Later this year with iOS 18, iPadOS 18, and macOS Sequoia, Apple is moving another step forward by consolidating all existing software update management controls, as well as a few new ones, into a singular declarative configuration. Using this unified configuration, administrators will be able to manage the following capabilities (and more!) on each of these platforms:

  • Defer the availability of new OS versions up to 90 days from release.
  • Allow users to install or roll back Rapid Security Responses.
  • Control the native device behavior when new updates are identified (Download, Install OS updates, Install security updates).
  • Allow enrollment of the device into an OS beta program.
  • (macOS only) Allow standard user accounts to manually install OS updates.

In addition, there are new granular controls that allow administrators to automatically enroll devices into specific beta programs through their AppleSeed for IT account.  This can even include automatically installing a beta OS during Automated Device Enrollment (ADE).

Networking and connectivity updates

Apple platforms already support MAC address randomization – where a device would randomly generate a different MAC address for each Wi-Fi network that it joined.  Accordingly, administrators could also choose whether this feature should be enabled or disabled for any managed Wi-Fi networks that they configure for devices.  With their upcoming OS upgrades, Apple is taking this a step further with their “Rotate Wi-Fi Address” feature.  Now, in addition to generating a unique address per Wi-Fi network, that address will also periodically rotate over time.  If you have an infrastructure that depends on a persistent MAC address to operate correctly, make sure to investigate how this new capability interacts with it, and how it can be managed appropriately.

iOS 18 and iPadOS 18 also introduce a host of new capabilities related to cellular connectivity.  Administrators will have the ability to define that the eSIM should always be preserved whenever a device is erased, as well as restrict the ability to transfer a current eSIM configuration.  Per-app VPN will now support 5G network slicing, and the device can support up to 5 unique private networks, which can be configured through MDM.

Safari extension management

With the upcoming iOS, iPadOS, and macOS releases, Safari extensions can now be directly managed by administrators.  Individual extensions can be permanently enabled or disabled, or else allowlisted for the end user to control as they choose.  Extension website access can be configured by specifying individual domains or sub-domains.  Finally, these capabilities are all fully supported with Safari Private Browsing as well.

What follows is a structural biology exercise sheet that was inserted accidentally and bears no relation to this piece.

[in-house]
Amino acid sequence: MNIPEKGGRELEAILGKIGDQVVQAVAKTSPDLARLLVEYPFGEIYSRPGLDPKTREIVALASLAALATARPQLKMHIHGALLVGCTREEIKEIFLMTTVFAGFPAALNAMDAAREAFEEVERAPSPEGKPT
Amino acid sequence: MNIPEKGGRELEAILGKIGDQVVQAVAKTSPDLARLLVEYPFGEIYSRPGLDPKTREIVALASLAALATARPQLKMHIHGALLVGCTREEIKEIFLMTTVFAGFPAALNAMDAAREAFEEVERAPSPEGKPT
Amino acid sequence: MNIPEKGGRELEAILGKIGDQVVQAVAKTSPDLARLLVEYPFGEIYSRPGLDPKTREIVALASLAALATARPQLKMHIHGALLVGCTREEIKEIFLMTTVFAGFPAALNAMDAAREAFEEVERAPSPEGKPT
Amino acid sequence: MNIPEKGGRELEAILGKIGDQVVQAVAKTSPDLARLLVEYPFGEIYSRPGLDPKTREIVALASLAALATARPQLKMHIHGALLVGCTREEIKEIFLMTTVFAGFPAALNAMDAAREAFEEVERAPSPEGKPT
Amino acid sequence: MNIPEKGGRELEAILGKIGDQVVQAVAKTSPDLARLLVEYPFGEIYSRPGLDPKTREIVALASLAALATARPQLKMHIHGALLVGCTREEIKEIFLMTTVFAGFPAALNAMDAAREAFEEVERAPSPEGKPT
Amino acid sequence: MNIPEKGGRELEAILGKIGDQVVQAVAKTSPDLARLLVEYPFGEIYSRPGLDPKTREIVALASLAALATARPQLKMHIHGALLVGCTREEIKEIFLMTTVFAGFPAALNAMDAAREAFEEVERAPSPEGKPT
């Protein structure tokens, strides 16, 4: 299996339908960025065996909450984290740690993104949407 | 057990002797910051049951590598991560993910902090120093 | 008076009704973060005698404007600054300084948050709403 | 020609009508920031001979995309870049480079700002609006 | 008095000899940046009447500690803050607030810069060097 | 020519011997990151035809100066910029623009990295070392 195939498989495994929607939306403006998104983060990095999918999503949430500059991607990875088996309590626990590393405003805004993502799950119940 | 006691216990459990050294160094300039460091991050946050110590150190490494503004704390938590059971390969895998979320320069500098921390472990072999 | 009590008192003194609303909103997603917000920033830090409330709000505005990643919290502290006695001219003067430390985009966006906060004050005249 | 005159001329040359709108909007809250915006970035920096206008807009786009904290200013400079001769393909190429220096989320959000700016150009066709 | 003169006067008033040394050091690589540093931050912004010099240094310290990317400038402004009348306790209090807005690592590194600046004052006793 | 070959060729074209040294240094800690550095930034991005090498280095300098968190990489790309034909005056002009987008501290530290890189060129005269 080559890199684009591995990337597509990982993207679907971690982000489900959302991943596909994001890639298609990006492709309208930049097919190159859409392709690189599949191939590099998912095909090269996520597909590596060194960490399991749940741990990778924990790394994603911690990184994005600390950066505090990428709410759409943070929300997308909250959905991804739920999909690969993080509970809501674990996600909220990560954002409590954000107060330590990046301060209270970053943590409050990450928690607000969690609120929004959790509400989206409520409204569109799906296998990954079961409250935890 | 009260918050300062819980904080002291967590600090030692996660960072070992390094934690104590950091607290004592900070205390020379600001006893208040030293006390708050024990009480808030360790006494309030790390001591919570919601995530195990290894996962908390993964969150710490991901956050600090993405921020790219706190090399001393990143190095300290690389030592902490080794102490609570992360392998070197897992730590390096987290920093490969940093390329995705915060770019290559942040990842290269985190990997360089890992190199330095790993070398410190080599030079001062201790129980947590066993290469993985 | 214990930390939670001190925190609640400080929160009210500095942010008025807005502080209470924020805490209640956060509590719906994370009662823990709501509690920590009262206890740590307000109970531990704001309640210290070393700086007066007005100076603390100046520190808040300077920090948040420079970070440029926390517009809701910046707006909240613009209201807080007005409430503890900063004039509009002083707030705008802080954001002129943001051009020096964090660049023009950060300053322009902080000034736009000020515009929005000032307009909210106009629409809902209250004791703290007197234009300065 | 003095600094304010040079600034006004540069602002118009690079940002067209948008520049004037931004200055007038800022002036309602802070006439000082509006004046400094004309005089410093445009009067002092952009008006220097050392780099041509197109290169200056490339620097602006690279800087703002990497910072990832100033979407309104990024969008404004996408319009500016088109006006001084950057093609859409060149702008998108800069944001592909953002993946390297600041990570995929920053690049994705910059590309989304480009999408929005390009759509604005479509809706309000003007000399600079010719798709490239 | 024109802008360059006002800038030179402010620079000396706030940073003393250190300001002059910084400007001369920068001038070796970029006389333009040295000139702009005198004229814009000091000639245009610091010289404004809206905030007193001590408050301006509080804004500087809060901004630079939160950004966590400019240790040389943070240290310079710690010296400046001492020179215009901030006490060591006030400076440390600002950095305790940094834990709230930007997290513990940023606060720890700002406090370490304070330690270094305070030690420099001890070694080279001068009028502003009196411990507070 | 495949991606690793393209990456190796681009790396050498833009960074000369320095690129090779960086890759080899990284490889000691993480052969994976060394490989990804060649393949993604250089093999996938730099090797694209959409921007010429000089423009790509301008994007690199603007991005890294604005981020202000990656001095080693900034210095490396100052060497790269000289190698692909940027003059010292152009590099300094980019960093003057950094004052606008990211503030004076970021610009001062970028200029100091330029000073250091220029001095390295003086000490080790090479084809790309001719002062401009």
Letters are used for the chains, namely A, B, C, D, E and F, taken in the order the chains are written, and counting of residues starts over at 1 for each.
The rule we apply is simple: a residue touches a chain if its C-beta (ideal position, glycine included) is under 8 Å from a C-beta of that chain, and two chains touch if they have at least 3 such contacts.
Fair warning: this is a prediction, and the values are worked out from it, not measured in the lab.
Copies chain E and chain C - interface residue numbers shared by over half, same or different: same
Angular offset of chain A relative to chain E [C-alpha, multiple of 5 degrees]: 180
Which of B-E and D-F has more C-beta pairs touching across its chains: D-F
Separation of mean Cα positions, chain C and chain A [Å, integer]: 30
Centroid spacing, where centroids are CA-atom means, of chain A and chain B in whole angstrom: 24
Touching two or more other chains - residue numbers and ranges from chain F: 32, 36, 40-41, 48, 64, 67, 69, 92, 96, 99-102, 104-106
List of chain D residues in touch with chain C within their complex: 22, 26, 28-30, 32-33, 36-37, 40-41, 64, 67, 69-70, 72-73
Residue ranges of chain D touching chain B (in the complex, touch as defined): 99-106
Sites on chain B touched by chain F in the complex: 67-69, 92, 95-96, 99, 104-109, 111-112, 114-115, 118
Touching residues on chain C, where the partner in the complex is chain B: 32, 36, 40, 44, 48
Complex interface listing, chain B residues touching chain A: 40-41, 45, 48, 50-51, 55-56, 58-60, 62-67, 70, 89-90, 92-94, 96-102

New macOS Sequoia management capabilities

macOS Sequoia will include some additional management capabilities that are directly relevant to administrators.  A new disk management configuration will allow administrators to manage whether devices are able to mount external and/or network storage devices or restrict them to read-only.  Platform Single Sign-on has been expanded and can allow IdP-based authentication for FileVault, the lock screen, and the login window, as well as support for various new authentication methods.

Administrators will also be able to securely install executables and launchd configuration files in a tamper-resistant location.  This will enable the secure deployment of any additional IT management tools, as well as ensure that managed background tasks cannot be easily overridden by the end user.

visionOS joins the show

While the initial launch of visionOS did support MDM in a basic capacity by allowing account-driven enrollment and limited payloads, visionOS 2.0 significantly expands that by supporting Automated Device Enrollment for organization-owned devices.  Apple Vision Pro will also now support most common MDM configurations and payloads such as passcode, web content filters, many device restrictions, the device lock command, and much more.  Integration with Apple Apps and Books is fully supported, allowing for the seamless deployment of apps to managed devices.  Finally, any developers that are looking to take advantage of Apple Vision Pro’s spatial capabilities will have several new enterprise APIs that they can take advantage of, for use cases such as main camera access, Apple Neural Engine access, or spatial barcode and QR code scanning.

A call to action

In this article I’ve only touched the surface of Apple’s many new announcements, but I wanted to highlight those that I found most impactful and interesting.  I strongly encourage any administrator who has Apple devices in their environment to view Apple’s WWDC24 sessions that seem most directly relevant to them, or even to review many of the general recap articles out there.

For those who are using NinjaOne to manage your devices, or even considering using NinjaOne in the future, let us know which upcoming features you’re most interested in, or which ones will be most critical and impactful for you!  Apple has already made beta software and documentation available  for many of these new capabilities, so it is never too early to start testing and learning the impact that these new releases will have in your existing environment.

Further viewing and reading

Next Steps

Building an efficient and effective IT team requires a centralized solution that acts as your core service deliver tool. NinjaOne enables IT teams to monitor, manage, secure, and support all their devices, wherever they are, without the need for complex on-premises infrastructure.

Learn more about NinjaOne Endpoint Management, check out a live tour, or start your free trial of the NinjaOne platform.